Atharvaveda contains first class poetry coming from visionary poets, much of it being glorification of the curative powers of herbs and waters. Many poems relate to diseases like cough and jaundice, to male and female demons that cause diseases, to sweet-smelling herbs and magic amulets, which drive diseases away. There are poems relating to sins and their atonement, errors in performing rituals and their expiatory acts, political and philosophical issues, and a wonderful hymn to Prithvi or Mother Earth.


The Upanishads are regarded as part of the Vedas and as such form part of the Hindu scriptures. They primarily discuss philosophy, meditation, and the nature of God; they form the core spiritual thought of Vedantic Hinduism. Considered as mystic or spiritual contemplations of the Vedas, their putative end and essence, the Upanishads are known as Vedanta (”the end/culmination of the Vedas”). The Upanishads do not belong to a particular period of Sanskrit literature. The oldest, such as the Brhadaranyaka and Chandogya Upanishads, may date to the Brahmana period (roughly before the 31st century BC; before Gita was constructed), while the youngest, depending on the canon used, may date to the medieval or early modern period.

The word Upanishad comes from the Sanskrit verb sad (to sit) and the two prepositions upa and ni (under and at). They are sacred tests of spiritual and philosophical nature. Vedic literature is divided into karmakanda containing Samhitas (hymns) and Brahmanas (commentaries), and gyanakanda containing knowledge in the form of the Aranyakas and Upanishads. Thus each Upanishad is associated with a Veda, Isha-upanishad with Shukla Yajurveda, Kena-upanishad with Samaveda, and so on.

The earliest Upanishads may have been composed between B.C. 800 and 400.There have been several later additions, leading to 112 Upanishads being available today. But the major Upanishads are ten, Isha, Kena, Kattha, Prashna, Mundaka, Mandukya, Taittiriya, Aitareya, Shwetashwatara, Chhandogya and Brihadaryanyaka. The teachings of the Upanishads, and those of the Bhagavat Gita, form the basis of the Vedanta philosophy.

The Isha-upanishad emphasizes the identity of the human soul with the divine soul. The Kena-upanishad discusses the qualities of the divine essence (Brahman) and the relationship of the gods to the divine essence. The Katha-upanishad, through the story of Nachiketa, discussed death and the permanence of the soul (Atman). The fairly long Chhandogya-upanishad develops the idea of transmigration of souls. The rihadaryanaka -upanishad, the longest of the Upanishads, bears the message of the completeness of the divine essence, and the associated peace. As literary remnants of the ancient past, the Upanishads � both lucid and elegant – have great literary value.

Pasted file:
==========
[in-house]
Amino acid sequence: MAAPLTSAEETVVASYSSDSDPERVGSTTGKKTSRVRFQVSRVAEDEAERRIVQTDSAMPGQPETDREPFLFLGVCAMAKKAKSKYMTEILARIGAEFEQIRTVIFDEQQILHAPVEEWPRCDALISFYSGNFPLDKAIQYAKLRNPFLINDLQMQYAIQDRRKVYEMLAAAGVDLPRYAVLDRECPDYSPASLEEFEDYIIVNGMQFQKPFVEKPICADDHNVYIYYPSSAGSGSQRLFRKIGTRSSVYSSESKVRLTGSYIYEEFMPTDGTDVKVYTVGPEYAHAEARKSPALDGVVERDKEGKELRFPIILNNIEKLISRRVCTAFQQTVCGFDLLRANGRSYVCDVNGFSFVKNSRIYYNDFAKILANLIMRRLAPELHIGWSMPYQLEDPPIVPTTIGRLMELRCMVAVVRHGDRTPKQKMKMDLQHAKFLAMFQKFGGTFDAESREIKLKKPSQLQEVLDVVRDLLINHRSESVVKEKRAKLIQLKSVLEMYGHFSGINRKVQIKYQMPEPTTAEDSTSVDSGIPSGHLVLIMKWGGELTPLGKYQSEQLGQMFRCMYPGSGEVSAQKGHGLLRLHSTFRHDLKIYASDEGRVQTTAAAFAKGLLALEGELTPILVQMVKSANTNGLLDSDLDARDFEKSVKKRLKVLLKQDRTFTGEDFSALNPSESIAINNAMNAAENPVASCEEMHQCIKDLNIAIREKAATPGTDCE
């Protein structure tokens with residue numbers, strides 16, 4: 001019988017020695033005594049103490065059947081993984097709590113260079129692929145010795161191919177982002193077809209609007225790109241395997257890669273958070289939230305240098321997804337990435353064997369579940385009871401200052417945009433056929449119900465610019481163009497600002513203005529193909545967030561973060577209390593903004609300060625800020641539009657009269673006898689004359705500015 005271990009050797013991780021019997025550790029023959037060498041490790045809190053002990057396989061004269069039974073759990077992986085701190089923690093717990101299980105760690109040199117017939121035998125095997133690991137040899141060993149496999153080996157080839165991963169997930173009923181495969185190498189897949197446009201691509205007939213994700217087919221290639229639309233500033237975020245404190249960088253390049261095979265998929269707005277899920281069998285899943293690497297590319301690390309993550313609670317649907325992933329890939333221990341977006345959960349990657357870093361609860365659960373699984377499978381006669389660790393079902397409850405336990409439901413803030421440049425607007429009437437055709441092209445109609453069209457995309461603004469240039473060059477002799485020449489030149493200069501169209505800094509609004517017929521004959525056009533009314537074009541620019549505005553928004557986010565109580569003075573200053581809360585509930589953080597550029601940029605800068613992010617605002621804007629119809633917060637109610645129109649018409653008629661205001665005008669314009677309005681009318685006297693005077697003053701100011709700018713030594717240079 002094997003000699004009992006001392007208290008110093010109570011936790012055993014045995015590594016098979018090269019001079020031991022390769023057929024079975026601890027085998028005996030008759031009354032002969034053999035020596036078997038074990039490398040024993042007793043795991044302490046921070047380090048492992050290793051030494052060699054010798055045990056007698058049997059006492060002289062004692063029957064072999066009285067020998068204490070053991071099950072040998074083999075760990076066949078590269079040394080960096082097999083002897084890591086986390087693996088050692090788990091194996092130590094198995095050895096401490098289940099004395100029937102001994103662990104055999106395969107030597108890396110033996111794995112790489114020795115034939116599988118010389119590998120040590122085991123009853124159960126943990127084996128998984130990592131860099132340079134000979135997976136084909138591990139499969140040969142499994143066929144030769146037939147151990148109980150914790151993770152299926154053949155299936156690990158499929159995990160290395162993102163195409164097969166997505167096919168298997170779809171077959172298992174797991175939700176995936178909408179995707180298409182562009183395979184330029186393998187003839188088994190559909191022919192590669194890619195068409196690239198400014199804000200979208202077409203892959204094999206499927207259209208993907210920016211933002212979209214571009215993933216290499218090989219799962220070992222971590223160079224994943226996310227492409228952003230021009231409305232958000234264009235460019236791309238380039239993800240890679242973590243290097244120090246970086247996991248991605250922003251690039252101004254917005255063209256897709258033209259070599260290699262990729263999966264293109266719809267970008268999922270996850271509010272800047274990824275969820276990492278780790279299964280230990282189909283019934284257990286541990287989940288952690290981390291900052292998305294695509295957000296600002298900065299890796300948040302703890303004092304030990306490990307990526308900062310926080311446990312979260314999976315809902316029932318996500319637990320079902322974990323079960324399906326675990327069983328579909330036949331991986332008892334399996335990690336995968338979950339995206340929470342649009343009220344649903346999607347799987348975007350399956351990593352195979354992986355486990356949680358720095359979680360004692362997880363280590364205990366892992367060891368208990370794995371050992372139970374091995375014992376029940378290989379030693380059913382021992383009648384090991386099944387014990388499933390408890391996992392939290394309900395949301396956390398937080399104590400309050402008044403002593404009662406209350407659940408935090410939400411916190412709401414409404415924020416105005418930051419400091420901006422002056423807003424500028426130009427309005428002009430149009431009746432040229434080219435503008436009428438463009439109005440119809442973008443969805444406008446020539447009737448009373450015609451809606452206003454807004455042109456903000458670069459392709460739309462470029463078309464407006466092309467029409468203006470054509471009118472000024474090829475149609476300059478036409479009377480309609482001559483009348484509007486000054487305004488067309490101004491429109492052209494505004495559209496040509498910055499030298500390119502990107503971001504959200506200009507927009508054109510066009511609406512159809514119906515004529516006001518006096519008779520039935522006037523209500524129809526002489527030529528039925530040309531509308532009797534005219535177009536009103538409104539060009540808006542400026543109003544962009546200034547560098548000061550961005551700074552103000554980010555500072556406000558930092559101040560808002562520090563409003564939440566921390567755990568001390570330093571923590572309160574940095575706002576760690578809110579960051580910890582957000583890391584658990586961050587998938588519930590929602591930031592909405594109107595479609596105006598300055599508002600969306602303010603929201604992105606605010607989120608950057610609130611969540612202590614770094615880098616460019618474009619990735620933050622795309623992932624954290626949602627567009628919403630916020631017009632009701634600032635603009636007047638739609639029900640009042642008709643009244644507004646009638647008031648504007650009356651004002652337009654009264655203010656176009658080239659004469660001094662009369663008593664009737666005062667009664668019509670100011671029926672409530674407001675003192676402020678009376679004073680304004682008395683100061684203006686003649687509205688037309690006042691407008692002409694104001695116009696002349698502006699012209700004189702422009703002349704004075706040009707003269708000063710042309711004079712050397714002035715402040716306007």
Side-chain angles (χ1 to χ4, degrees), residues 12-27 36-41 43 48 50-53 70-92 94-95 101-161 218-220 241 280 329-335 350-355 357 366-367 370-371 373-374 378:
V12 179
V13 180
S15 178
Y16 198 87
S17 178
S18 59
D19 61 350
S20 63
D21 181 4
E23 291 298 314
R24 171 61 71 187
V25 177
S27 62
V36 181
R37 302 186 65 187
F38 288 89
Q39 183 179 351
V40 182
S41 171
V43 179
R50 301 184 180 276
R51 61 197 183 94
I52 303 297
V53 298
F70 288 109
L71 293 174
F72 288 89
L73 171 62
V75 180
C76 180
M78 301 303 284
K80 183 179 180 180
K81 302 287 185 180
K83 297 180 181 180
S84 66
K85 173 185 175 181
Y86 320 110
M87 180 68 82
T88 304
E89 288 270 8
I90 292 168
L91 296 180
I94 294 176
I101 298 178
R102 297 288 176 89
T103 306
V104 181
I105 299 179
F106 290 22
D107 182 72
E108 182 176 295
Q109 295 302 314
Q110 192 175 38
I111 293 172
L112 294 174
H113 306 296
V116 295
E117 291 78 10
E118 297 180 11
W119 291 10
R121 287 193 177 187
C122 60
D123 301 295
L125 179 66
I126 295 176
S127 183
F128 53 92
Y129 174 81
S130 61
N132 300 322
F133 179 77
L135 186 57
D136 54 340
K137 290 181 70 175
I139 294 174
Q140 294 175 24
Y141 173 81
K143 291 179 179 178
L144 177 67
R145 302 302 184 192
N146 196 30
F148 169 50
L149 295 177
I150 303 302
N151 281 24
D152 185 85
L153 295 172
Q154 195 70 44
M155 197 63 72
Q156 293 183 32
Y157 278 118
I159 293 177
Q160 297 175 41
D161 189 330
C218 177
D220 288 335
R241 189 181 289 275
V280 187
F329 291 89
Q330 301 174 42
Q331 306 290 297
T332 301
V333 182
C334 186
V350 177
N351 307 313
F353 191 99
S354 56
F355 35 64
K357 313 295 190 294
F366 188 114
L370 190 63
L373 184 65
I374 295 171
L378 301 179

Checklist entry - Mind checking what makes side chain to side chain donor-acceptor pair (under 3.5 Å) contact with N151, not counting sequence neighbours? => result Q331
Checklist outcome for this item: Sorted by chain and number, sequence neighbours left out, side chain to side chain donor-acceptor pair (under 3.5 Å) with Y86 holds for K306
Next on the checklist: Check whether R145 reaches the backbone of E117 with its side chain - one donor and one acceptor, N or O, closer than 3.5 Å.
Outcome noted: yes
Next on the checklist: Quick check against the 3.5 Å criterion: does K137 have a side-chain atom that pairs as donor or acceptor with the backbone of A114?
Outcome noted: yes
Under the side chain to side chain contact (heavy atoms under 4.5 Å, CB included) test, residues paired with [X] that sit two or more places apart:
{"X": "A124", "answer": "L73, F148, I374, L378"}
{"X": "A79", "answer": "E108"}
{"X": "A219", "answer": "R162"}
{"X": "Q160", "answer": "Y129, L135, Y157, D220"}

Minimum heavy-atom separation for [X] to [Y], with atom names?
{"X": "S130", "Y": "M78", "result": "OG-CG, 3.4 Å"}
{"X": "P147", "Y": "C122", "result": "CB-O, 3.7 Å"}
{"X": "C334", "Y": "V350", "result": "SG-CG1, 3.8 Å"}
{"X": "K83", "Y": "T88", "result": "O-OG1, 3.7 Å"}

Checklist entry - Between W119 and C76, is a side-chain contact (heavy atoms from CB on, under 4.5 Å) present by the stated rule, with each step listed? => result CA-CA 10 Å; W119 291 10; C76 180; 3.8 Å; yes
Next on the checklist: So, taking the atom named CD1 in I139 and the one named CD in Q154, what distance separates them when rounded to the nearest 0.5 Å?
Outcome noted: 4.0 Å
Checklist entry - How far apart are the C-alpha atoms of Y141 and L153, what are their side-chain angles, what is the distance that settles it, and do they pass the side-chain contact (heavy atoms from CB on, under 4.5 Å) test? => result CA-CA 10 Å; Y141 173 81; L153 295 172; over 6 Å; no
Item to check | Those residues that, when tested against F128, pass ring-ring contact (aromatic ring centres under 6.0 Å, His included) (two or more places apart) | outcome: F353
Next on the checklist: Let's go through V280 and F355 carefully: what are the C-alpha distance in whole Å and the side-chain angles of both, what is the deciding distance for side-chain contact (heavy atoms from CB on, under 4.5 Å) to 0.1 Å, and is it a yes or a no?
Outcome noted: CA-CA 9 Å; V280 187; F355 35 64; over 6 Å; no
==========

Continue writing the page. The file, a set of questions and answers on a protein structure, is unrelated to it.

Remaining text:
The Upanishads are a continuation of the Vedic philosophy, and were written between 800 and 400 B.C. They elaborate on how the soul (Atman) can be united with the ultimate truth (Brahman) through contemplation and mediation, as well as the doctrine of Karma– the cumulative effects of a persons’ actions.

Upanishad means the inner or mystic teaching. The term Upanishad is derived from upa (near), ni (down) and s(h)ad (to sit), i.e., sitting down near. Groups of pupils sit near the teacher to learn from him the secret doctrine. In the quietude of the forest hermitages the Upanishad thinkers pondered on the problems of deepest concerns and communicated their knowledge to fit pupils near them. Samkara derives the word Upanishad as a substitute from the root sad, ‘to loosen.’ ‘to reach’ or ‘to destroy’ with Upa and ni as prefixes as termination. If this determination is accepted, Upanishad means Brahma-knowledge by which ignorance is loosened or destroyed. The treatises that deal with brahma-knowledge are called the Upanishads and so pass for the Vedanta. The different derivations together make out that the Upanishads give us both spiritual vision and philosophical argument. There is a core of certainty which is essentially incommunicable except by a way of life. It is by a strictly personal effort that one can reach the truth.

The Upanishads more clearly set forth the prime Vedic doctrines like Self-realization, yoga and meditation, karma and reincarnation, which were hidden or kept veiled under the symbols of the older mystery religion. The older Upanishads are usually affixed to a particularly Veda, through a Brahmana or Aranyaka. The more recent ones are not. The Upanishads became prevalent some centuries before the time of Krishna and Buddha.

The main figure in the Upanishads, though not present in many of them, is the sage Yajnavalkya. Most of the great teachings of later Hindu and Buddhist philosophy derive from him. He taught the great doctrine of “neti-neti”, the view that truth can be found only through the negation of all thoughts about it. Other important Upanishadic sages are Uddalaka Aruni, Shwetaketu, Shandilya, Aitareya, Pippalada, Sanat Kumara. Many earlier Vedic teachers like Manu, Brihaspati, Ayasya and Narada are also found in the Upanishads.